The Sandstone Shrike-thrush - Colluricincla woodwardi - is more slender, with a longer tail, than the Grey Shrike-thrush. The back is brown to olive-brown, face and throat buff white, breast is grey-buff with light streaks, lower breast and under parts are deeper buff approaching orange. Bill is black in males and mid-grey-brown in females. Size is about 25 centimetres.
Unlike other Shrike-thrushes which live in trees the Sandstone Shrike-thrush inhabits sandstone regions and lives in sandstone cliffs and gorges, among boulders on ridges and in crevices. Forages alone or in pairs among the rocks for small lizards, grasshoppers and spiders. Frequently forages on foot then flies to the next feeding site. Dives under cover among rocks when disturbed; sings from high points on cliff tops and pinnacles and nests on sheltered rock ledges. Occasionally perches in trees but that is a rare event for this rock-living bird.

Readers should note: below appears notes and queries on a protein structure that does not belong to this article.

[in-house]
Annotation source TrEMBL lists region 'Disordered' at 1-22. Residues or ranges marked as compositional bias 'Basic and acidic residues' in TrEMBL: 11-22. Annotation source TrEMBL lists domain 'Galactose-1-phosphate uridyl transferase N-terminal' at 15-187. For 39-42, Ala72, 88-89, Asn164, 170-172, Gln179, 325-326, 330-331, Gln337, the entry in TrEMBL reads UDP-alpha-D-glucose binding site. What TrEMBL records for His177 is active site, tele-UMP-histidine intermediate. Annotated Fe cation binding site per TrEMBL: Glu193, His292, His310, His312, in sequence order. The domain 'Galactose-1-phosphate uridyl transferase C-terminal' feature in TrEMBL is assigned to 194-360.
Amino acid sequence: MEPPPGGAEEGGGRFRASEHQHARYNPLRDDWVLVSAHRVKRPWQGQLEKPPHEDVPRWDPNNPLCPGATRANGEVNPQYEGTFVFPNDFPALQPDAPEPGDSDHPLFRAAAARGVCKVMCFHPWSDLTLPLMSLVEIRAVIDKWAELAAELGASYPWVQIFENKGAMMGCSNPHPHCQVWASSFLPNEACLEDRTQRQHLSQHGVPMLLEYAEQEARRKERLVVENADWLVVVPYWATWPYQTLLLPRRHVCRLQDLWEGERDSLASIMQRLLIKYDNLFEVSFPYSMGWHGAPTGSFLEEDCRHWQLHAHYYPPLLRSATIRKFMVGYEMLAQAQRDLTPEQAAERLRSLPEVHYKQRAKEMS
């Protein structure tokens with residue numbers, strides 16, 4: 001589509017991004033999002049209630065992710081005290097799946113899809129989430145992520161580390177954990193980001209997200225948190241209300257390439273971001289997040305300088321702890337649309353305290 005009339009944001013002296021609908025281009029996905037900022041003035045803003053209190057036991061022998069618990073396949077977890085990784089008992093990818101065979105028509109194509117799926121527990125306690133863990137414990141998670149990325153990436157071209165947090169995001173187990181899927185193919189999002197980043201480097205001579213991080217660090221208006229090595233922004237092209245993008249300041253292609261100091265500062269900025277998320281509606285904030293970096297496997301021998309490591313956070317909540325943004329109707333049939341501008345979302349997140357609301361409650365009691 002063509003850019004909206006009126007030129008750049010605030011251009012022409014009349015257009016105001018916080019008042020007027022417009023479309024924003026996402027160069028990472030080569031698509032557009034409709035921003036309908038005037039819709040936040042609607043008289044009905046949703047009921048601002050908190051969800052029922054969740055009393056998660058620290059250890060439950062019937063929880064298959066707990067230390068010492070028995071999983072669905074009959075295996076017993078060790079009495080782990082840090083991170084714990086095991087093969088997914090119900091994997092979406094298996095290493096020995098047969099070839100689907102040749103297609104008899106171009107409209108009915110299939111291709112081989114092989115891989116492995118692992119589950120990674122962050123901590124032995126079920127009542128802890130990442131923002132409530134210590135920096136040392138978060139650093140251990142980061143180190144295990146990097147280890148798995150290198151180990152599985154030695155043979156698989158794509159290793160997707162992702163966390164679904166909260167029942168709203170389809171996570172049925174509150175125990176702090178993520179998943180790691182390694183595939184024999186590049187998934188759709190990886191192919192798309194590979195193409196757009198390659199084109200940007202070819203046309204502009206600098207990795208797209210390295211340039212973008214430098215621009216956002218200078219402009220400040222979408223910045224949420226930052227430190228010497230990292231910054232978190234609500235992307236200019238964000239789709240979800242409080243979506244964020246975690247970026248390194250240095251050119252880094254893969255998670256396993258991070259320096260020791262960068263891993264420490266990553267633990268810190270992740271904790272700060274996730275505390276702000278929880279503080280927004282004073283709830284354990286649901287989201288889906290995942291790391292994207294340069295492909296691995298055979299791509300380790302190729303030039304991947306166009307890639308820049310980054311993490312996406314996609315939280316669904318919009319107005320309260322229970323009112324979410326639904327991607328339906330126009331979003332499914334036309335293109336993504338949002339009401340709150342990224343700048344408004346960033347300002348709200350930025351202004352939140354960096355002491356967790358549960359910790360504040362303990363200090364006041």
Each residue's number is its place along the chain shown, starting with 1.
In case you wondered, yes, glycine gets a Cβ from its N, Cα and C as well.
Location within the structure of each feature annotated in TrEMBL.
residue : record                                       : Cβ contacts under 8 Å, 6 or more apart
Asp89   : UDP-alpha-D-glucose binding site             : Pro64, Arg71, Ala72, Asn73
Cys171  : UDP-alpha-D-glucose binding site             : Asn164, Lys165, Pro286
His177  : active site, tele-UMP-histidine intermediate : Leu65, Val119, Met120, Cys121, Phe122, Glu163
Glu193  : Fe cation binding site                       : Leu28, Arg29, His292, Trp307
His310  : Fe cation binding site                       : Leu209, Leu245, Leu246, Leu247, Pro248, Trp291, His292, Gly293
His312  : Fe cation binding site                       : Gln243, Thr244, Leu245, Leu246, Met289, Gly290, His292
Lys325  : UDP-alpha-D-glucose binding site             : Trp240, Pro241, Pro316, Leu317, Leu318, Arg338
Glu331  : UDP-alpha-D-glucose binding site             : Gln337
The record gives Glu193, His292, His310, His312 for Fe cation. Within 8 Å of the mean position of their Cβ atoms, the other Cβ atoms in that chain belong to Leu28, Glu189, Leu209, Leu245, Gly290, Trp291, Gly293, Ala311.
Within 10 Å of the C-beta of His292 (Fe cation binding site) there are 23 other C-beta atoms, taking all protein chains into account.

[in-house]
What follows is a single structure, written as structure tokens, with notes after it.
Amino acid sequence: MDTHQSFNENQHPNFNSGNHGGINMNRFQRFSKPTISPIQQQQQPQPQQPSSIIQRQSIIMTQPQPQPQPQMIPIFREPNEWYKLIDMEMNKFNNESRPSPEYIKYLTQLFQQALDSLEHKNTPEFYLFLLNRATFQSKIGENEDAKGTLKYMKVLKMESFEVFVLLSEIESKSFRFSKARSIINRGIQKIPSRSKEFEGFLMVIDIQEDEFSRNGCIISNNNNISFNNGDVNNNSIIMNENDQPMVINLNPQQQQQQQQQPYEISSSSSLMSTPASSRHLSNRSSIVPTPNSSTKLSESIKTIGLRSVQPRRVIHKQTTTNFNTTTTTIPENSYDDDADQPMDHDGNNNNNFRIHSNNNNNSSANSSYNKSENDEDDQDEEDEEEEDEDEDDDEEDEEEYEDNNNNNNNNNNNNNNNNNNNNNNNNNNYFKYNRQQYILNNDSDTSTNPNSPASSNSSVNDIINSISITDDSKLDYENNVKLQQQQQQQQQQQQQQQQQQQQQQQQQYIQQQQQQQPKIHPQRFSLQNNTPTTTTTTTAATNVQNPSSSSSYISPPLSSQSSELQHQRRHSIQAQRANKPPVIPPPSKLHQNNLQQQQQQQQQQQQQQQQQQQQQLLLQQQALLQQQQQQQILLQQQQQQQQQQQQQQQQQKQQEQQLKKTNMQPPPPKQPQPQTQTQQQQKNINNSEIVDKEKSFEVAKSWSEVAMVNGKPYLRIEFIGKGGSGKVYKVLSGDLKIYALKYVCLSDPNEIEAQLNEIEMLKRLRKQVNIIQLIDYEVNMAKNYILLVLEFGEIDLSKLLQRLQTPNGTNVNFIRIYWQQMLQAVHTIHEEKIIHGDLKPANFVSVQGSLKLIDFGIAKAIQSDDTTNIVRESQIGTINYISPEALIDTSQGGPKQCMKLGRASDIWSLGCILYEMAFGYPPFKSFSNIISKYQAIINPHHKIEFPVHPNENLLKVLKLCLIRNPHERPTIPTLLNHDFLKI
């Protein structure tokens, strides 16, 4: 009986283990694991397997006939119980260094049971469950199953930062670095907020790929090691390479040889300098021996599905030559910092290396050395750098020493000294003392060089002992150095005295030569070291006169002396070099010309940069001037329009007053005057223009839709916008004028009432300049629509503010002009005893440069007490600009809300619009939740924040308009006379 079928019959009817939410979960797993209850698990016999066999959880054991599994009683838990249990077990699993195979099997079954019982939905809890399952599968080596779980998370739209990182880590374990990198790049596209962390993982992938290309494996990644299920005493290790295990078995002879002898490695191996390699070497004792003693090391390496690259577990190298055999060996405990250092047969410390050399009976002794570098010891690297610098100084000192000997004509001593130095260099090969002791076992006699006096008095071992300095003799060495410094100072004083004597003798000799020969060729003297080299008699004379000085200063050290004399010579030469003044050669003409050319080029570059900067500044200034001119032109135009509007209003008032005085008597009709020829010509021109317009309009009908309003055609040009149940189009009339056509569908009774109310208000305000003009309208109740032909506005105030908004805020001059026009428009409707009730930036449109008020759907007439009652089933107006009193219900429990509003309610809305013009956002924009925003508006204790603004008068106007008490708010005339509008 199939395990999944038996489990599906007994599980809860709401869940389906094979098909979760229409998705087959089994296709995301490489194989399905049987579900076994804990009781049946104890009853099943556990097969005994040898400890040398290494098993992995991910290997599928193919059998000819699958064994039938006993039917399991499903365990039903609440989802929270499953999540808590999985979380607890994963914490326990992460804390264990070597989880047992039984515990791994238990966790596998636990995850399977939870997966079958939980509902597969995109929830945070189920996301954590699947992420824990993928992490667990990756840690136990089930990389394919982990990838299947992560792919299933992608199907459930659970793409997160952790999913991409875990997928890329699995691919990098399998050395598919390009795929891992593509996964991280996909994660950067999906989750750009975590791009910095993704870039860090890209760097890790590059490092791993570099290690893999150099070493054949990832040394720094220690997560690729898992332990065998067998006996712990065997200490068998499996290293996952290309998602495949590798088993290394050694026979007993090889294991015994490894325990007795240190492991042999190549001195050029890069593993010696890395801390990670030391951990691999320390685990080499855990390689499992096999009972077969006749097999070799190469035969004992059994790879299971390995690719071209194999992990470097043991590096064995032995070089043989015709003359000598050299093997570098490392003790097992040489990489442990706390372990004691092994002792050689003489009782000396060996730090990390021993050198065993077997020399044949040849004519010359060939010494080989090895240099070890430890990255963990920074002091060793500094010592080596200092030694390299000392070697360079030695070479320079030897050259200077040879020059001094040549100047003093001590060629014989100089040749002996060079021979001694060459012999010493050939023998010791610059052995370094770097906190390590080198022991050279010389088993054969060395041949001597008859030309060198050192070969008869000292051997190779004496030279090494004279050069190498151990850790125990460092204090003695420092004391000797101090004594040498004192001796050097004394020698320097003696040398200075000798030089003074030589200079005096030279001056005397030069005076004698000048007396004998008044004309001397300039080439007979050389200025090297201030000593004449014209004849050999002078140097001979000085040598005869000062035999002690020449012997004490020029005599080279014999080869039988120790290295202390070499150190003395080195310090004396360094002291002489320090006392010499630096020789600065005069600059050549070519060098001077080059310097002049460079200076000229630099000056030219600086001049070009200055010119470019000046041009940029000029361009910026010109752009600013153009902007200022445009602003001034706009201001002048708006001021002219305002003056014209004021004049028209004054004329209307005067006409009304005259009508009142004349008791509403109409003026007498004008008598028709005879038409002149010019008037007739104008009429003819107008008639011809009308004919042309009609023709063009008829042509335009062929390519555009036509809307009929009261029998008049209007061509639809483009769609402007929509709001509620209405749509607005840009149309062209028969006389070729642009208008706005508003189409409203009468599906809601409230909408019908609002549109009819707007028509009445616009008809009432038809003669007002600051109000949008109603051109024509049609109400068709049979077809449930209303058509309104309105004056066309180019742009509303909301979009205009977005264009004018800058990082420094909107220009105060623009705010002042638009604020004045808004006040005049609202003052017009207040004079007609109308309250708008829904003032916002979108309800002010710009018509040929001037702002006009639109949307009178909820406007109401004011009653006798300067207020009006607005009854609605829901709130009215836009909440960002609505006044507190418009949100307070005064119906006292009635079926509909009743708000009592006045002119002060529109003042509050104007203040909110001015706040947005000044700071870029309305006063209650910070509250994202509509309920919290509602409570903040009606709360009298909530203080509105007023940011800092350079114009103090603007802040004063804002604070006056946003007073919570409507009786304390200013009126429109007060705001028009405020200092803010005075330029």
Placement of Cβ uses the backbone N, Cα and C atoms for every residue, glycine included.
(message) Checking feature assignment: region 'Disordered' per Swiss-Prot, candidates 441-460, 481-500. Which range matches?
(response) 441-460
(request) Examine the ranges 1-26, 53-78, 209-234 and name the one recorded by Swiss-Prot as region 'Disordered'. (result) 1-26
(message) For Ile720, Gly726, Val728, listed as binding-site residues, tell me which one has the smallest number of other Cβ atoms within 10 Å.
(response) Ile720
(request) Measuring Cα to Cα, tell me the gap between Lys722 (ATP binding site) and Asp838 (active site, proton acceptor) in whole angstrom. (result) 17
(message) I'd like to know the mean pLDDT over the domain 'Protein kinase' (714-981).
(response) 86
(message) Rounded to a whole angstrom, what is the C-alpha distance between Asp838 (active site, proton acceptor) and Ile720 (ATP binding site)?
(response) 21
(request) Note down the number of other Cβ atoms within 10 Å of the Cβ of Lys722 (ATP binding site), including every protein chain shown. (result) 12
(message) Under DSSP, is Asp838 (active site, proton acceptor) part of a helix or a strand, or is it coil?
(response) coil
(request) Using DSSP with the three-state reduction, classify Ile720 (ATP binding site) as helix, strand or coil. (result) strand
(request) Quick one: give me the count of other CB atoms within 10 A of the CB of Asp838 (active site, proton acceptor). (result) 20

Found only in three isolated populations in the north Kimberley and northern Top End extending along the coast of the Gulf of Carpentaria. Previously considered to be three different sub-species these are now considered to be variants of a single species. This species was discovered in 1902 in the Arnhem Land escarpment.
The Sandstone Shrike-thrush is sedentary; established pairs hold the same large territory all year.
Breeding takes place from November to January. The nest is a bulky bowl of interwoven, thin roots, mostly spinifex but including bark; lined with finer rootlets and grasses. Usually placed in a crack or hole in sandstone cliff, or underneath overhanging rocks with a clear view outward. The shape is sometimes distorted to an oval or rough triangle to fit the shape of the cavity in the sandstone selected to hold the nest.
Two or three eggs are laid; pearly white with well-defined brown-black, brown and slate-grey spots, mostly large and sparingly distributed, mostly at the large end; oval, about 30 by 21 millimetres. Incubation takes about 16 days.